10/11/2012 05:41 pm ET Updated Dec 11, 2012

What We Talk About When We Talk About Emergency Rooms


The one presidential debate on domestic issues has come and gone, and like everyone else, I am disappointed -- not because of what was said about Big Bird or taxes or even small business, but because of what was not said about health care options for those struggling in our country.

For me, Romney's most telling statement on the issue did not come in the debate but during his 60 Minutes interview a week or so earlier. It said a lot about how not just the candidate, but also the American public, has been coached to think about the social safety net.

To refresh your memory, his statement -- "Well, we do provide care for people who don't have insurance. If someone has a heart attack, they don't sit in their apartment and die. We pick them up in an ambulance and take them to the hospital and give them care. And different states have different ways of providing for that care." -- has been widely criticized by anyone who knows anything about health care delivery in the U.S., starting with Romney's own 60 Minutes interviewer Scott Pelley.

"That's the most expensive way to do it," he told Romney.

As many have noted, back in his health care reforming days the former Massachusetts governor did acknowledge that emergency room care is the most costly, least effective way of delivering health care. No surprise there. After all, uncompensated emergency room bills total tens of billions of dollars each year, a tab that is essentially covered by the paying public.

So why did Romney open his mouth and spout rhetoric that he is firmly on record as rejecting?

There are two ways to understand the candidate's remarks on emergency rooms. While neither interpretation is particularly flattering, each tells us something about the way he understands large social problems.

The first is that Romney honestly disagreed with the premise of the question ("Does the government have a responsibility to provide health care to the 50 million Americans who don't have it today?"), and believes that all Americans do, in fact, have health care thanks to the protections of the Emergency Medical Treatment and Active Labor Act (EMTALA).

Assuming that you are in fact experiencing an emergency as defined by EMTALA, and that you can get yourself to a hospital emergency room while experiencing said emergency, and that you are not at the mercy of an ambulance or hospital that is unconcerned with the niceties of the law and refuses to treat you notwithstanding your emergency, and that you don't require any continuing care once stabilized (or, heaven forbid, hospital admittance), then sure, all Americans have care.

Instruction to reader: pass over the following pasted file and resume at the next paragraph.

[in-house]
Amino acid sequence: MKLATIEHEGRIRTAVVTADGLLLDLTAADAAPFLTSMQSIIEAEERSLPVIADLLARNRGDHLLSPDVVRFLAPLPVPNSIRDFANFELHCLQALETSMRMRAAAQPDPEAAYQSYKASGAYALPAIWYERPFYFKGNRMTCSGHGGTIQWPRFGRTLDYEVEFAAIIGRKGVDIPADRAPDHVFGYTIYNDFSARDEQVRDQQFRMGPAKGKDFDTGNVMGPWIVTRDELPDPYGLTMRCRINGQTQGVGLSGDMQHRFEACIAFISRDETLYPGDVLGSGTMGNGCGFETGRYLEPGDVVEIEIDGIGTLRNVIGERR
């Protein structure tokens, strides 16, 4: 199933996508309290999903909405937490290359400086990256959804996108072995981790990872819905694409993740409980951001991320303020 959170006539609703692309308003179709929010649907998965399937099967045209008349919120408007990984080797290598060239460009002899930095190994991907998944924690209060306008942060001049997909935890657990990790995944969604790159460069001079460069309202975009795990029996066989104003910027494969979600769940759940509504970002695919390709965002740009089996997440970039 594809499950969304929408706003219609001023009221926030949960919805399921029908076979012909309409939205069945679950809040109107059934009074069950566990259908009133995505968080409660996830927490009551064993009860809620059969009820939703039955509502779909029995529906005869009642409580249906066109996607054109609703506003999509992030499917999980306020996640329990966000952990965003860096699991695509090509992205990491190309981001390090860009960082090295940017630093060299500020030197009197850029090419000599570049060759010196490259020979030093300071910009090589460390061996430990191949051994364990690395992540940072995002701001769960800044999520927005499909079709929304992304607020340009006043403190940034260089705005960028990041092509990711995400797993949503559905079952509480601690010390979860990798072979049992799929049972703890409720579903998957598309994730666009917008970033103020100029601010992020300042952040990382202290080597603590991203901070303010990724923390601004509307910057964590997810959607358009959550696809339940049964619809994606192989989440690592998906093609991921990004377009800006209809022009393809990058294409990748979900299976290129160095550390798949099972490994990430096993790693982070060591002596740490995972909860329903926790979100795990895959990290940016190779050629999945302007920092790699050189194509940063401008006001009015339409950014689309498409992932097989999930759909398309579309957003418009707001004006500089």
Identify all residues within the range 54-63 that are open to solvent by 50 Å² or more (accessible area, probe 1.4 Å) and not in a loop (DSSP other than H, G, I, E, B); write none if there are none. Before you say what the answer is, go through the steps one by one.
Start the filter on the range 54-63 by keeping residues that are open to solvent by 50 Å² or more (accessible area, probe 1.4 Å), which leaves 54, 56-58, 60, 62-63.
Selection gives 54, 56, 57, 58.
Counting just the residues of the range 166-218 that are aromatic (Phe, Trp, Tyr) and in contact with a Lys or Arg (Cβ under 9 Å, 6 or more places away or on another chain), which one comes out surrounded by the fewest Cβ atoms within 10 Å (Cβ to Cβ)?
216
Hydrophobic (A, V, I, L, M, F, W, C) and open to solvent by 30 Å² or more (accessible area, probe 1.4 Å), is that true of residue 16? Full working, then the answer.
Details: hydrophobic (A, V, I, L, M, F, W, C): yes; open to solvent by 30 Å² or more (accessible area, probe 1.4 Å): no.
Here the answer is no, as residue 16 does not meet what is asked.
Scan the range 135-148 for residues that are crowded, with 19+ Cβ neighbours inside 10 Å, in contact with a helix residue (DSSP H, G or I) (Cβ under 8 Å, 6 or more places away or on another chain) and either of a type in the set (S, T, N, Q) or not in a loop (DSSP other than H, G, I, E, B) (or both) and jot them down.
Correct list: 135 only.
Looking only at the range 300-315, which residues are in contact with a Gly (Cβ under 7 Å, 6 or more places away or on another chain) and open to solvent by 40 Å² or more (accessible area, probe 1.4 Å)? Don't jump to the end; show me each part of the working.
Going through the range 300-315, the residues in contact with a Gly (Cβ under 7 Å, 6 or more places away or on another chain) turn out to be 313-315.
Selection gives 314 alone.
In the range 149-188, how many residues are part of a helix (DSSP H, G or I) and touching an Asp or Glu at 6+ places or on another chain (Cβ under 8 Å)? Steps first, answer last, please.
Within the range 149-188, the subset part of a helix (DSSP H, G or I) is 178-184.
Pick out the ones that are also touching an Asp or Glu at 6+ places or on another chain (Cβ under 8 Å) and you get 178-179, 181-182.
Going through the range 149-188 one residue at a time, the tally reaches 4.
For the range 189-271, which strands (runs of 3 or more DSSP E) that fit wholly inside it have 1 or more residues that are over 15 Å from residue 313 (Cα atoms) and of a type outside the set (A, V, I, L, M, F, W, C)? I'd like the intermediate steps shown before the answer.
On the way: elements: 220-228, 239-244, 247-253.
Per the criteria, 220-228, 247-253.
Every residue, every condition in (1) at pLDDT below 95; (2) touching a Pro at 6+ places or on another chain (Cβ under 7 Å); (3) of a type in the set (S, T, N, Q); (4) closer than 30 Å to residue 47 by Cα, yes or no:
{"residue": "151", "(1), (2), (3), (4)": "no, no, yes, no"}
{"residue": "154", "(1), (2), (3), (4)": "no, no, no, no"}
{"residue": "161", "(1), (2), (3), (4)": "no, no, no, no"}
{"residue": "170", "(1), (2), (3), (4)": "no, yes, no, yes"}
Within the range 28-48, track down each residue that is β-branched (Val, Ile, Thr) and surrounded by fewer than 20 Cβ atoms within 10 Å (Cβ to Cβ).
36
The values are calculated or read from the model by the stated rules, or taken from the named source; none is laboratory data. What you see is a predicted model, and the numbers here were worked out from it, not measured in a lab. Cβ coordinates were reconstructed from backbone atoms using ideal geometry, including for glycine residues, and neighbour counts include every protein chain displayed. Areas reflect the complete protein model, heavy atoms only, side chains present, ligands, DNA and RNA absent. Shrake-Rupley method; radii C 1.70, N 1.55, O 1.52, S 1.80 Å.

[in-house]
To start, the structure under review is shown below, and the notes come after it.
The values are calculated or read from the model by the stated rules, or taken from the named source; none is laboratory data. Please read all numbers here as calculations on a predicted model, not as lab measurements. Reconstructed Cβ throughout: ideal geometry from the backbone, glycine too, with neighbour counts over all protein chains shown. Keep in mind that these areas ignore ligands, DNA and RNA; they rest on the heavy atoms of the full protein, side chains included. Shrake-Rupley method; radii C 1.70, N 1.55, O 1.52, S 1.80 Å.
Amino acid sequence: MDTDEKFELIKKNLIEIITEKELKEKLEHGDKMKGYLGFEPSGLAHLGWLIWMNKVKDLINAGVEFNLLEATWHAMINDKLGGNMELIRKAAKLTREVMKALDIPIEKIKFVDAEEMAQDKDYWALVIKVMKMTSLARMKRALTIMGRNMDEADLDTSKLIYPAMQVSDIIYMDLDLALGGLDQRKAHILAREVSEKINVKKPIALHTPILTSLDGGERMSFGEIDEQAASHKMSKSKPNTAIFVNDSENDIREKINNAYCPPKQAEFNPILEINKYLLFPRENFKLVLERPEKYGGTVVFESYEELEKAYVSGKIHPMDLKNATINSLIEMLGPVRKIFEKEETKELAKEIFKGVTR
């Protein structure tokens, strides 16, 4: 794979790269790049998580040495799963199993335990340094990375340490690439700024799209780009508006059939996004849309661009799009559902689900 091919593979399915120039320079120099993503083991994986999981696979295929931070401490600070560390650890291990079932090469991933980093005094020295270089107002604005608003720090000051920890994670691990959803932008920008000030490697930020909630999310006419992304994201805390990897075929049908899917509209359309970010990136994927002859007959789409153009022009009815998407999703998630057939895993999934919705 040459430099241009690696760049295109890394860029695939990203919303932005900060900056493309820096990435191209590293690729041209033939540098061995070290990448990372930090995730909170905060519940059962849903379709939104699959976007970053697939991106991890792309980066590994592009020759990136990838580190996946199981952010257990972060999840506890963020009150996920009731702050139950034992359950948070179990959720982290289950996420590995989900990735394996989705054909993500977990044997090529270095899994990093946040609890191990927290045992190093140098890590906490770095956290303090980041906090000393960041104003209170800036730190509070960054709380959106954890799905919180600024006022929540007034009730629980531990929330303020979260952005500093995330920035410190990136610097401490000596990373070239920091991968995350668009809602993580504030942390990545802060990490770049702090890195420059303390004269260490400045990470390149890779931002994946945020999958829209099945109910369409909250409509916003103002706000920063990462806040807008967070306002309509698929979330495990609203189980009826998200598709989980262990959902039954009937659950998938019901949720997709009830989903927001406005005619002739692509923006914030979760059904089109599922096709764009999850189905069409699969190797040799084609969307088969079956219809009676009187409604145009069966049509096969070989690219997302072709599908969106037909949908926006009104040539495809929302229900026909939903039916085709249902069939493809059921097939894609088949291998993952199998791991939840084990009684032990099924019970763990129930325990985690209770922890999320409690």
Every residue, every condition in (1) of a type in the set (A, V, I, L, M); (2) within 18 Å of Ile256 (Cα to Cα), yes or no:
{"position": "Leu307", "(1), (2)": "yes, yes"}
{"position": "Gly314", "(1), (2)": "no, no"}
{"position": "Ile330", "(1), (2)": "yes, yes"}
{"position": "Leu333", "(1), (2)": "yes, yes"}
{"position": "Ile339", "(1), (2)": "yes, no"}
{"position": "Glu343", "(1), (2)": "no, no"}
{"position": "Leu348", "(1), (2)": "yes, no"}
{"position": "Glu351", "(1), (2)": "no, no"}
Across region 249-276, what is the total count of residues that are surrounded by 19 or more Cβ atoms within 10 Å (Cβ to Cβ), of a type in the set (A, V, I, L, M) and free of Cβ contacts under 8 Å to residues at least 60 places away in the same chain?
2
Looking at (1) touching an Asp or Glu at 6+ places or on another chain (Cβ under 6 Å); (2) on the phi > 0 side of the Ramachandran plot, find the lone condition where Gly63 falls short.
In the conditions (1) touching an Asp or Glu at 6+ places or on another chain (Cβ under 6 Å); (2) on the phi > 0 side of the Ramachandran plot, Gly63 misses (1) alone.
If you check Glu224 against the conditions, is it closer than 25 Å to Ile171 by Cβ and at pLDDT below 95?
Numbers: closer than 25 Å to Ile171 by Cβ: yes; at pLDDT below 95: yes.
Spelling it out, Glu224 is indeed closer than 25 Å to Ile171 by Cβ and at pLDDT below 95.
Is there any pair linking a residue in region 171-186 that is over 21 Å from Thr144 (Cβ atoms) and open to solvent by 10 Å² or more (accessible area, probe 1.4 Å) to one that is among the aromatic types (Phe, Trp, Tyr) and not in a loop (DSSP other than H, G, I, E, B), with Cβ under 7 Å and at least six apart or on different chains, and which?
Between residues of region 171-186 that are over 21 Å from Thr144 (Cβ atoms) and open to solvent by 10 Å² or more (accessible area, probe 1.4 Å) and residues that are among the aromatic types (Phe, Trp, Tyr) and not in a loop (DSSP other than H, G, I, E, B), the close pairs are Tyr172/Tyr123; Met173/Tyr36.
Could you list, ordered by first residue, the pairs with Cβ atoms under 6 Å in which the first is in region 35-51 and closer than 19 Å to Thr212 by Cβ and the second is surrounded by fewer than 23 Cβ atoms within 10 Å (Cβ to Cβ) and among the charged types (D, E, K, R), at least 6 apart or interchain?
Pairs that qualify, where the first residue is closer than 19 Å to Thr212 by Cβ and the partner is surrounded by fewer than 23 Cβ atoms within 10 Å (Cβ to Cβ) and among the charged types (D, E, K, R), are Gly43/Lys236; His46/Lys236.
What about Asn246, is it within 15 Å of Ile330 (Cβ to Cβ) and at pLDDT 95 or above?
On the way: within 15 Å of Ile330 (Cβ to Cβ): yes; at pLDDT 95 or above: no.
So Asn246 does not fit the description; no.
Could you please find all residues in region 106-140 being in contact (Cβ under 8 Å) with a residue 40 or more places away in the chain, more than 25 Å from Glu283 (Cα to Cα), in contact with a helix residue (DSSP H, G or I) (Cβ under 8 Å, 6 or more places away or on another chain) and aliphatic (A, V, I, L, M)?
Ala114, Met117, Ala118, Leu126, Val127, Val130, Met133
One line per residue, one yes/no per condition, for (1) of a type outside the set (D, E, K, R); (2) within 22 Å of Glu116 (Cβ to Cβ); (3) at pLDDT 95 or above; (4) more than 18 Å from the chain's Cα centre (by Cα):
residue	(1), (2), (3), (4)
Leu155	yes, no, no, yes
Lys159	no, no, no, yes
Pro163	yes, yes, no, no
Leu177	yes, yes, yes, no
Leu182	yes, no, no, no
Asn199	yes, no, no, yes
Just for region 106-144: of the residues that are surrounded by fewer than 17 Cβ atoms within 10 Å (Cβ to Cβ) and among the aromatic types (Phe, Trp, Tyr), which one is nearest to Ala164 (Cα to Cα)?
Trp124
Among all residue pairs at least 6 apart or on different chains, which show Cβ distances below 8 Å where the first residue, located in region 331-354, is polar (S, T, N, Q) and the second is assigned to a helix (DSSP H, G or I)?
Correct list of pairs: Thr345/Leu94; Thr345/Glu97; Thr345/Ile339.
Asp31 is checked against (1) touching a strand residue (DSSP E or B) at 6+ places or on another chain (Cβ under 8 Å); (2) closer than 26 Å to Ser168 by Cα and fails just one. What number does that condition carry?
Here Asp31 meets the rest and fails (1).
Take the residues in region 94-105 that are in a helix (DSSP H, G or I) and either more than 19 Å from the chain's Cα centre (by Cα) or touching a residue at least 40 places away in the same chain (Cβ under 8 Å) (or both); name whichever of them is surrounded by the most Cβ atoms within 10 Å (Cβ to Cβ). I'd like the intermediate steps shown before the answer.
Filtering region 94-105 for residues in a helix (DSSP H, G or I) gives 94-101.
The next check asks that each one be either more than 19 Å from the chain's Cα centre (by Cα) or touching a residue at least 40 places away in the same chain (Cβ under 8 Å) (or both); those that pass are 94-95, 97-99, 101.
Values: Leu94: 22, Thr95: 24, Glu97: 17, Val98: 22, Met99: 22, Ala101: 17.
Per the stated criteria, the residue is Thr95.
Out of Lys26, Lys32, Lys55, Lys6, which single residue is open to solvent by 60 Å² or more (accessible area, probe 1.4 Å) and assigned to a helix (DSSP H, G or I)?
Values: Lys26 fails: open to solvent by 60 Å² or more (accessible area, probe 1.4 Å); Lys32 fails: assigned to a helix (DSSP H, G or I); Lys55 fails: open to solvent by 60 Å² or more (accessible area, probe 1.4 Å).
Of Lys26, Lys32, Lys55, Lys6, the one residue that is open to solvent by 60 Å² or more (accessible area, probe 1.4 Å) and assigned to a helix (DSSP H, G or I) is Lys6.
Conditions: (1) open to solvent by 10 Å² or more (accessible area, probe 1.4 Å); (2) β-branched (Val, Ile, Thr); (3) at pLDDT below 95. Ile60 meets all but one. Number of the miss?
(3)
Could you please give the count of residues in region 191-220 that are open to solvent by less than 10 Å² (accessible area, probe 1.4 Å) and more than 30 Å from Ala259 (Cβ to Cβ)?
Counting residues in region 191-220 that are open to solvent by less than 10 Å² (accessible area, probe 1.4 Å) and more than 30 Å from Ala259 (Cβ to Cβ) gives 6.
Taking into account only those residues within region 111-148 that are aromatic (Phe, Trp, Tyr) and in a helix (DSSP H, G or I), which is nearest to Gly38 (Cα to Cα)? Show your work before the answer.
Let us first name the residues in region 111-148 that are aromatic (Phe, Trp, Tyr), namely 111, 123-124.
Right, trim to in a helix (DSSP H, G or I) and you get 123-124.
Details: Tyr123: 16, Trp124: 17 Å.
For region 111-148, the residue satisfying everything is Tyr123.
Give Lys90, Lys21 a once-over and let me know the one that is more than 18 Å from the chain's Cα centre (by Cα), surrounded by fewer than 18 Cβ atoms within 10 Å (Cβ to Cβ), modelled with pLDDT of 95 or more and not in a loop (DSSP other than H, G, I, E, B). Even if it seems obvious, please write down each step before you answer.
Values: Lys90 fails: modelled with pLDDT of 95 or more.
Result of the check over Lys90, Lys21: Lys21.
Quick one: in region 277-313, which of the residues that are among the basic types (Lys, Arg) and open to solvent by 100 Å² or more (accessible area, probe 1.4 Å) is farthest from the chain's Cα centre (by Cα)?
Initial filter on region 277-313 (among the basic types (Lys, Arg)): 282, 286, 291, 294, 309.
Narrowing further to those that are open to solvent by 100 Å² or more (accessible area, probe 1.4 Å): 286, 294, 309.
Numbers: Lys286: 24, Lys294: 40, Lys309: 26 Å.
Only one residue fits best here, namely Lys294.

Under this reasoning, there are no homeless Americans because any American can find a bed at a homeless shelter. There are no hungry Americans because anyone who wants to line up outside a food kitchen is welcome to do so.

This rational offers viewers (and voters) just enough to assuage their consciences about heartstring-tugging personal stories while still rejecting the need for a systemic response to what is in fact a systemic problem. ("Don't worry about poor Oliver Twist -- in this country our orphans all get a roof over their heads and on-the-job training!")

The second way to interpret Romney's remarks is not as a rejection of the question's premise, but a refusal to recognize consequences. If you're having a heart attack you can always go to the emergency room? He may have well as said, "Hey, no one is going to die if we don't do anything."

This framing is emblematic of how many people seem to understand government programs that are so improbably at the center of debates this presidential season: by focusing on the individual rather than societal impact. Mr. Heart Attack won't die today, perhaps, but how does a do-nothing solution help our larger community in the long run?

Don't get me wrong; individual stories are compelling, and they certainly make the nightly news interesting. But that does not mean that bureaucracies do not have an important role to play in creating solutions to individual problems. Programs like Medicaid do not help "them"; they help us. All of us.

Emergency stop-gap measures to help individuals in crisis are well and good in a crisis situation. But we have systemic issues in our delivery of health care in this country that call for systemic solutions. Mitt Romney once knew that. I hope he finds occasion to remember it again.